According to Myanmar's constitution, which was drafted by the military, a state of emergency can last two years at the longest. After that, a general election must be called within six months while the National Defense and Security Council, a body that is composed for the most part of military-appointed officials, rules the country on a provisional basis.
This timeline suggests an election would be held by August 2023, though some observers think the military plans an election between November 2022 and January 2023. "The military insists that the fiscal year should begin in April, as it did before. If it wants the new government to commence in April, the election must take place in that [November to January] period," said a Yangon-based business consultant.
The Assistance Association for Political Prisoners says 936 people have died as of July 29 due to the military crackdown. Tens of thousands took to the streets on a regular basis early on after the takeover, in defiance of military regime orders to stay home. But protests that directly criticize the military have become muted as the months have gone by.
Because pro-democracy NLD members are certain to be blocked from a running in a general election, widespread boycotts could mar the outcome. Some pro-democracy activists have grown radical in their resistance to the military regime, with some people cooperating with the military having been assassinated.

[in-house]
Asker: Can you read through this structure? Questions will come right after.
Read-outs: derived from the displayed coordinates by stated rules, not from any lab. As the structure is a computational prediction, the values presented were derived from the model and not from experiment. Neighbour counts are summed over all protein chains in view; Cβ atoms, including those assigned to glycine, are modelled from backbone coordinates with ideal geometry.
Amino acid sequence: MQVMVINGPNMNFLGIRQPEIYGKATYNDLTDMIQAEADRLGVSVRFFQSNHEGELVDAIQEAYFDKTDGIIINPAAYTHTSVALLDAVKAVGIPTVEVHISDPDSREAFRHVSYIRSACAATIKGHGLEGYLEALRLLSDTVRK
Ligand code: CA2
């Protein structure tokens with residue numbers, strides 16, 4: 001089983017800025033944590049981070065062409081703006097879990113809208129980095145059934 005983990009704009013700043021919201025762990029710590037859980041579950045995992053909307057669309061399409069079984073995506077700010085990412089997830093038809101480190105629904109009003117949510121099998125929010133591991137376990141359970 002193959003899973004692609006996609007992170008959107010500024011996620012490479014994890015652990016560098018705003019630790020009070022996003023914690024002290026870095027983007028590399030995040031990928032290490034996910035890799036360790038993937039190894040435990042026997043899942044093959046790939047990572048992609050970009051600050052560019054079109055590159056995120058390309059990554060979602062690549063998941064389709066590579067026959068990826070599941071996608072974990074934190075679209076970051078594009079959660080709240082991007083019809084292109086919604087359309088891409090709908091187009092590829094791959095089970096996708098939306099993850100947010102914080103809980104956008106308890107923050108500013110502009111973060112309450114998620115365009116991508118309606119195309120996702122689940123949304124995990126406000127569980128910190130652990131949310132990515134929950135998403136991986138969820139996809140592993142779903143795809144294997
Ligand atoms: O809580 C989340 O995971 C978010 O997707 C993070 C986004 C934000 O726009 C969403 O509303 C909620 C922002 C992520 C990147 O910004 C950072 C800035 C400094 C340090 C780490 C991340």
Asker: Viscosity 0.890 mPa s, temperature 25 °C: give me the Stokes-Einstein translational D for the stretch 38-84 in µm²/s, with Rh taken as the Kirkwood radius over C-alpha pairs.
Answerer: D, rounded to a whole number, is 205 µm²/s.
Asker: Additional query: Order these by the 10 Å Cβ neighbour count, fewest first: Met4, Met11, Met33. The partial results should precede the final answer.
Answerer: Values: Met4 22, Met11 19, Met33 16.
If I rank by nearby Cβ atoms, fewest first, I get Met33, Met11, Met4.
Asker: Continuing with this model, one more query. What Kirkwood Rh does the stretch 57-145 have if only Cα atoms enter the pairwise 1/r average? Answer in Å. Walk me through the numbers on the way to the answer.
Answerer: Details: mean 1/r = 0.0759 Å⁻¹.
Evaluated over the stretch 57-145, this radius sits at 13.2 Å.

International investors expect that the investment momentum will not recover anytime soon. "Even if the election takes place, we have to bear in mind that a military takeover could happen again," said a Japanese business executive based in Yangon. The efforts to address challenges such as a lack of infrastructure or modern business-related legal frameworks will be seriously set back in the absence of international support.
Meanwhile, the coronavirus has spread rapidly since June, and some people have struggled to find medical care for infected family members and friends. Many overburdened hospitals are restricting admissions of new patients.
The authorities have told oxygen suppliers not to sell to the general public so that patients with severe COVID-19 cases can be prioritized. Many people are dying at home without proper treatment, health care workers and rights groups say.
The military has responded slowly to the coronavirus outbreak. Restrictions on going out in Yangon were introduced only in July. Authorities have begun hiring medical volunteers, but the military continues to hold many health care workers who were detained while participating in resistance activities. Many citizens think the military has put smothering opposition forces ahead of fighting the pandemic.
For most, the quality of life has deteriorated since the military takeover. People face restrictions on withdrawing money from banks, creating a prolonged cash shortage. The kyat, Myanmar's currency, has lost about 20% of its value over the six months. Even the price of daily necessities, such as gasoline, rice and cooking oil, has increased, adding to public frustration.